Treat training is not bribery…Here’s why.

I can completely understand why it would be a worry for some dog owners and to be completely honest, you could easily come to a conclusion that you do not want to “bribe” your dog.

Just to clear it up. Treat training is a way to positively reinforce a behaviour you would like to happen again. However, to some confusion, this is not the only reinforcements you have to use. Some dogs would much prefer a toy than treats, or some may be happy with the praise from your voice. You work to figure out what works best for your dog and use it.

I know… but why should my dog only obey for a treat? Shouldn’t my dog obey me because it wants to please me?

The answer to this question for me is…in the middle. Your dog will always want to please you, but you have to ask yourself; am I asking my dog to obey a command that is unnatural and awkward?

We go to work day in, day out… And we get paid for doing so. Would you call being paid…bribery? I certainly don’t think about it this way. We just would not have an incentive to do so if we didn’t get paid. If we are asking something of our dogs, we need to remember that our dog would not naturally jump through hoops, give you it’s paw or roll over on command, so by asking them to do so, we need to give them an incentive to stay in this weird position.

We train our dogs to give them mental stimulation, but to them (even though they enjoy it) it is work! We are sending them to work and expecting them to complete the same work day in, day out.. but the reward is… Well not food, “because we don’t want to bribe them”

If something is working to make your dog happy and you are gaining the desired behaviour then it really does not matter if you need to use treats. It will just give them that little bit of incentive to carry on. If needed, you can slowly use less treats by “Jackpotting”. This means the dog will continue to perform the task not knowing when the next treat will be dropped. When training using this method, you want to give a treat to the better performed behaviours. For example if you ask your dog to sit, but he sits after many times of repeating, you may only praise with your voice, but if he sits as quick as you would like him too, he then gets the treat. This encourages your dog to perform better next time.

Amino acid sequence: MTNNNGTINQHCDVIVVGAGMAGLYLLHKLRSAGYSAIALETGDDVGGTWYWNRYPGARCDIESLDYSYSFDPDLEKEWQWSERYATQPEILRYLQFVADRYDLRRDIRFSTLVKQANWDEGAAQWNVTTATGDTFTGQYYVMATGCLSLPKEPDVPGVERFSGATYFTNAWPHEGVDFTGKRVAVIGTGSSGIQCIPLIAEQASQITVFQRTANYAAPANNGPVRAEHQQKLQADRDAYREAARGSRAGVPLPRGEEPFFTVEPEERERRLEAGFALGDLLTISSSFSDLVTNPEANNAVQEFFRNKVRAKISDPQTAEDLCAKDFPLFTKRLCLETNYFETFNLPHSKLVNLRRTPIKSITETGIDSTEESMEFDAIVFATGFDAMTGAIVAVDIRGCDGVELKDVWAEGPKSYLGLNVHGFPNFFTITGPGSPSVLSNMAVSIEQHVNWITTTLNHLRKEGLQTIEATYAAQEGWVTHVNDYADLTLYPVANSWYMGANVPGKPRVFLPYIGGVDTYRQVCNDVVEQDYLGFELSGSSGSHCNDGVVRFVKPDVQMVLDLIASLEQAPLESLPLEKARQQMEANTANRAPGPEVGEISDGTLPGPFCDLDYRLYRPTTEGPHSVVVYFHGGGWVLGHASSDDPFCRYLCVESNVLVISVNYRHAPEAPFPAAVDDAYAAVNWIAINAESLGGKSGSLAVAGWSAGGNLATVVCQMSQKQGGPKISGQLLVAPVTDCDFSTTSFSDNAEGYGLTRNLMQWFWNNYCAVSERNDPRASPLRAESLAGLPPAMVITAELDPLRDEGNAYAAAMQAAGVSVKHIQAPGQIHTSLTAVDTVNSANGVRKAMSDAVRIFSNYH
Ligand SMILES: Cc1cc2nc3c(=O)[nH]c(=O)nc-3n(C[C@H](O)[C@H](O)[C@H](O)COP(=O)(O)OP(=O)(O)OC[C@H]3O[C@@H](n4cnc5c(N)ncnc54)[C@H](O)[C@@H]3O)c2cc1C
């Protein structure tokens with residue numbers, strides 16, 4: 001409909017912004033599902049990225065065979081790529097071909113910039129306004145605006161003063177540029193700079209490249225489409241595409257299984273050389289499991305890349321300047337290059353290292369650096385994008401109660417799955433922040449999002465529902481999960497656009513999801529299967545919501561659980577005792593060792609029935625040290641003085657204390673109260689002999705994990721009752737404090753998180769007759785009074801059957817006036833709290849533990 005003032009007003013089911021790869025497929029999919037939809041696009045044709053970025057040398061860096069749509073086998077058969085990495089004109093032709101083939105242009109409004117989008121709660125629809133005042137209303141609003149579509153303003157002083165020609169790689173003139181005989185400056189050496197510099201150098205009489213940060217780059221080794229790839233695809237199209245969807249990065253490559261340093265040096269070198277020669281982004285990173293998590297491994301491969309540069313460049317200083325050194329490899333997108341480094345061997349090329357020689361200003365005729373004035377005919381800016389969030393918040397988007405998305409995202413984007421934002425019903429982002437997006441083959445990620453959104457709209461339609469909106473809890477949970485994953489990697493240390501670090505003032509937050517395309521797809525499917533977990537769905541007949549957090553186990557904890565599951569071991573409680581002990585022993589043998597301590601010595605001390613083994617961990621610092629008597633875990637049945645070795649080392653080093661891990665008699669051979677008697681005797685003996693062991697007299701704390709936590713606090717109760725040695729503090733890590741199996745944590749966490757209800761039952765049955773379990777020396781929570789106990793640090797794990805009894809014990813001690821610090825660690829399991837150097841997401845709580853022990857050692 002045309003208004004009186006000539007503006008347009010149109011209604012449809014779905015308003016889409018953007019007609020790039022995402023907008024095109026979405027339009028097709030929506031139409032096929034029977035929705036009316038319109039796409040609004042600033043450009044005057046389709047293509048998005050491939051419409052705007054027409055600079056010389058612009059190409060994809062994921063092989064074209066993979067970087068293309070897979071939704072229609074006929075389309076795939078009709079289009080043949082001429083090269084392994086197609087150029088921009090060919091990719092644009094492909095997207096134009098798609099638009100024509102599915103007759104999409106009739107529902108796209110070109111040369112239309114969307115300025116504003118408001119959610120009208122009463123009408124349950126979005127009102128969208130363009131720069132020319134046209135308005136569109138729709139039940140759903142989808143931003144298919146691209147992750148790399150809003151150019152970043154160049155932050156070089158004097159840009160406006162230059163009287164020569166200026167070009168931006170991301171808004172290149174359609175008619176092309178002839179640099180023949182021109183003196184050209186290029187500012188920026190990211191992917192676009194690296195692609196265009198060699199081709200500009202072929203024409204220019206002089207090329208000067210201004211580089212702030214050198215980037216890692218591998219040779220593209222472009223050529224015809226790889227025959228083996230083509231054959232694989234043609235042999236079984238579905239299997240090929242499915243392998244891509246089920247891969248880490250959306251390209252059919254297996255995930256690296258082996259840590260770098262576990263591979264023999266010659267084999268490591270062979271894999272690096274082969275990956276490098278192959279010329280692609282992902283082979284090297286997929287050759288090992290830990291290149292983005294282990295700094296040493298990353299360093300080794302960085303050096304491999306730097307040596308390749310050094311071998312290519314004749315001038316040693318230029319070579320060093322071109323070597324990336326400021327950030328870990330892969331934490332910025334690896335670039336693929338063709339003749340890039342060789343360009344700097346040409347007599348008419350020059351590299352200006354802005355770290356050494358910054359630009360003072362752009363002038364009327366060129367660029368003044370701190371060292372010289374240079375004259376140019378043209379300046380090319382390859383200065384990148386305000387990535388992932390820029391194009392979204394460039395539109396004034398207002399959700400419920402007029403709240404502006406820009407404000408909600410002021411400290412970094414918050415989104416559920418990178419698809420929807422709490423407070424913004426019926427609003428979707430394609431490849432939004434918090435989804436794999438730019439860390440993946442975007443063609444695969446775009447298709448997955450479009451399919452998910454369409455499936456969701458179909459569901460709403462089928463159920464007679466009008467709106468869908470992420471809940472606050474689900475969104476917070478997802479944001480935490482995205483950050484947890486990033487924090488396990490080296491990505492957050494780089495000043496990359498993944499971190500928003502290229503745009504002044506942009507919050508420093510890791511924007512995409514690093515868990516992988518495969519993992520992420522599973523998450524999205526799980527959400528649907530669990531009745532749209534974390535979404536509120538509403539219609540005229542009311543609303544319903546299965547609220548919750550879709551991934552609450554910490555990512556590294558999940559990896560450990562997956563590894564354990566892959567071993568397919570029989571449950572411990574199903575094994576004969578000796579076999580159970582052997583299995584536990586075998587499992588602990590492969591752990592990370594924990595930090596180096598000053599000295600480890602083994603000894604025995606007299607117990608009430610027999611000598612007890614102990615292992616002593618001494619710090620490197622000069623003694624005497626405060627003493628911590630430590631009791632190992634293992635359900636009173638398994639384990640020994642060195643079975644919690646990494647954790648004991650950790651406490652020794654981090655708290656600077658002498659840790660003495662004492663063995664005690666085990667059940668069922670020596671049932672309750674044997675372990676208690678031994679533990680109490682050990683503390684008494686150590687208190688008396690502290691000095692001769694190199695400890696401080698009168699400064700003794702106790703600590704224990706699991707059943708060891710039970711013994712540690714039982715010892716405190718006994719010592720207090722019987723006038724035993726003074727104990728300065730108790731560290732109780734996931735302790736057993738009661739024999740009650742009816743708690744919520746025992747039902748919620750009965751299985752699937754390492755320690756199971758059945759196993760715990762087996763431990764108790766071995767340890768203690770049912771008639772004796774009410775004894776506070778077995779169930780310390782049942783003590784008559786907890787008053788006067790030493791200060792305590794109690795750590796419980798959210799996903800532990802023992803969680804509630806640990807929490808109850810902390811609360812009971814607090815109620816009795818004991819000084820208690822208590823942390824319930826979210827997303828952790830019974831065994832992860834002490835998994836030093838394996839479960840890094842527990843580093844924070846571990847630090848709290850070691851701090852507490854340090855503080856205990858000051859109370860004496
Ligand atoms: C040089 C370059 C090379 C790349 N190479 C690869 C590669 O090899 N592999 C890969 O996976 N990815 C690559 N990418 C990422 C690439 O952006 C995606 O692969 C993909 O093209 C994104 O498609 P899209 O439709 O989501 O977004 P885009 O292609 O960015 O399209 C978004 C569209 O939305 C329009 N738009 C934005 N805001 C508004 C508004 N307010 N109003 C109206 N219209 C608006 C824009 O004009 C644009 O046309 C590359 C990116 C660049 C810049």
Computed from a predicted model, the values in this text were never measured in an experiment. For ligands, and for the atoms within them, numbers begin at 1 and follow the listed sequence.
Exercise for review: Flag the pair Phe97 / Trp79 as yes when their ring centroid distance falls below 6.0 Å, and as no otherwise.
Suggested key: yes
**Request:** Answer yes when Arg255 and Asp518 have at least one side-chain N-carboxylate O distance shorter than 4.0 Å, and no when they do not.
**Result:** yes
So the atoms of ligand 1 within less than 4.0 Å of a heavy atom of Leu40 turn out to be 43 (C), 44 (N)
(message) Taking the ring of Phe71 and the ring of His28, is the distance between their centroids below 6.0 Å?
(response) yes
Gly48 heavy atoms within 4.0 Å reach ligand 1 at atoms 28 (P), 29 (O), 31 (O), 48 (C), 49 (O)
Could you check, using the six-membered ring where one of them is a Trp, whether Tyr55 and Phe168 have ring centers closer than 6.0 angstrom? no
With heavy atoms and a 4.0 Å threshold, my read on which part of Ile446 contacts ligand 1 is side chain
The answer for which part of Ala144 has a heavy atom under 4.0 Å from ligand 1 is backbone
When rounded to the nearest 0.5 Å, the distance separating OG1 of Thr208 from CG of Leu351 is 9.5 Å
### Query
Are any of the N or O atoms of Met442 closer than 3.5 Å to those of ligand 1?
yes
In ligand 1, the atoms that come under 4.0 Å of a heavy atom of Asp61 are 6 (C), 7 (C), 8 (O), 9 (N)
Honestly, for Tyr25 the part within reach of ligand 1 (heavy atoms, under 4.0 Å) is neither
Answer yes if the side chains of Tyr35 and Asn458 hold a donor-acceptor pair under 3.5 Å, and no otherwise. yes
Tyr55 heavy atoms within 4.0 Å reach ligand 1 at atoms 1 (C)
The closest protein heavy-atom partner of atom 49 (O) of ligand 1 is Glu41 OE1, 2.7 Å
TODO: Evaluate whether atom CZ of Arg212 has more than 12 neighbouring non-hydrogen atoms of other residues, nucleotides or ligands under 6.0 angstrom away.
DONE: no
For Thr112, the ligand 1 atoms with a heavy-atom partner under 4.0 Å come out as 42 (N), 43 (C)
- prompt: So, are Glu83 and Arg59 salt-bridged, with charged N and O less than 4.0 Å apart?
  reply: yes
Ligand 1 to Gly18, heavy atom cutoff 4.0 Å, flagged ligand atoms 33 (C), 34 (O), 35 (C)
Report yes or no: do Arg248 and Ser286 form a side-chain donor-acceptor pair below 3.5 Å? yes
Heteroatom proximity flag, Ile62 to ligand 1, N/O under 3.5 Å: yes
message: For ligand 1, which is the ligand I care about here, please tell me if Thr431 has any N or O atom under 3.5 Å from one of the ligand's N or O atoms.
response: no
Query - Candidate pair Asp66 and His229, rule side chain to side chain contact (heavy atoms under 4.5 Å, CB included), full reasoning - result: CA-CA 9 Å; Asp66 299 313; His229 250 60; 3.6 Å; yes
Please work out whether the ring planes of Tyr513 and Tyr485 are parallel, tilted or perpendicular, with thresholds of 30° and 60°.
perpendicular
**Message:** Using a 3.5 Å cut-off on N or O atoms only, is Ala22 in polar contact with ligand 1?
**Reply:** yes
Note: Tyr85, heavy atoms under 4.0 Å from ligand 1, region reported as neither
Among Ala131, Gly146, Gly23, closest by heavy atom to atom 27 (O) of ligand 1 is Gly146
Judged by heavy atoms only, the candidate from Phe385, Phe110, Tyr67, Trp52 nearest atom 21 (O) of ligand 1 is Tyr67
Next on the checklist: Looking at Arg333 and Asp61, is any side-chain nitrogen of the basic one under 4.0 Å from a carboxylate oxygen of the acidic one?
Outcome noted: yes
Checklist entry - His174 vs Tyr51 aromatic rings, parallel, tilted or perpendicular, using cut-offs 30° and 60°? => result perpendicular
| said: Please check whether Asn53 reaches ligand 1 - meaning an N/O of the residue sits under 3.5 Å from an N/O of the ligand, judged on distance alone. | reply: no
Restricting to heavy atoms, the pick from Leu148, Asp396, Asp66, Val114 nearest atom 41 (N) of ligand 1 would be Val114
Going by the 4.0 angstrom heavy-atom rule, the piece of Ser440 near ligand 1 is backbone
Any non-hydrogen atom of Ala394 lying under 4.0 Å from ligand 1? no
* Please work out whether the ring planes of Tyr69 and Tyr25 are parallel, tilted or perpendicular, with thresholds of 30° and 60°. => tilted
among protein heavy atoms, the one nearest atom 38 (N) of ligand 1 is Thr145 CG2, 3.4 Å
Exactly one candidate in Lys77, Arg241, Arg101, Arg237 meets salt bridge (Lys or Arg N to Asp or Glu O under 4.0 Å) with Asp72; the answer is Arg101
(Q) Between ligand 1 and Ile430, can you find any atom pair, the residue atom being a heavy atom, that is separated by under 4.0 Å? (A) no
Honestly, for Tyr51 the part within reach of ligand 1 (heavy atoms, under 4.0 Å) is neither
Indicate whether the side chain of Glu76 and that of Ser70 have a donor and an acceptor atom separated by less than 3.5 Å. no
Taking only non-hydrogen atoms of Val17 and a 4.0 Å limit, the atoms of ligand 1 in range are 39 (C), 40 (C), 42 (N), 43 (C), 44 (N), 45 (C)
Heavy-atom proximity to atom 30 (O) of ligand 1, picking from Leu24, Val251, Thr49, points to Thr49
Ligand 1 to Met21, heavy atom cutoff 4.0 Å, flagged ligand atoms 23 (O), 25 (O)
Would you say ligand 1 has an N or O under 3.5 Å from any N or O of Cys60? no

Figure out what works best for your dog and use that to your advantage. If your dog really likes a tug of war game, then use that… As long as it is reinforcing enough to perform your desired behaviour, then your flying.

Always question yourself, always look at what your asking of your dog and continue to learn. Once you learn what motivates your dog, learn how much you need and how long you need in order for him to complete the tasks. Always remember that your dog is following you, work as a team and enjoy yourselves.

You Can Teach An Old Dog New Tricks!.

So, for a while I have been offering my Canine Behaviour advice for free online and to people in Plymouth.
A woman contacted me about her dog who has anxiety but was unsure of being able to do anything as he is old.Whilst talking to a few people we came across that for years we have used the term “you can’t teach an old dog new tricks.” I am aware of this being used when talking about humans, so I’m not sure if it was ever meant to be true for dogs. So, anyway after discussing this metaphor, I realised that it didn’t make sense in my head.Here is the reasons why.
I suppose the best way to explain it is that if you were trying to teach a kid that can already say a few words, to then create a sentence, it is easier than having to teach the kid how to say these words first, then say the sentence.If I go into a home and the dog has been living in this environment for 9 years, then this dog is going to be very aware of the rules and will already know the basics. I would then be able to then go in and fix the anxiety. I can use the commands the dog knows already, in order to change his association of why he doesn’t like the owners leaving. This will include lots of going in and out of the room and slowly increasing the time you leave. Of course there is a lot more to this.If I was to go into a new house where the dog was young, he/she may not know the commands needed in order to fix the behaviour. So before you even start you would need to teach this first. There are other ways around this but you can catch my drift.

Of course the real problem is actually changing the routine that the dog has known all these years. This is what could have caused the behaviour all along. So when training I make sure that I work slowly ensuring the dog gets used to the new routine. With an older dog you can not expect too much. If your training sessions are sticking to 10 minuets then you must remember that the dog may not generalise in everyday life.

If you are asking your dog not to follow you every time you go out the room, you can’t expect it to not follow you when the whole household get up and leave, as you have not done this part of the training yet.

Let’s face it, even us humans don’t like it when everyone leaves the room and is socialising without us.

I will update everyone on my journey and process as I go along and I hope you enjoy reading my blog.
Thank you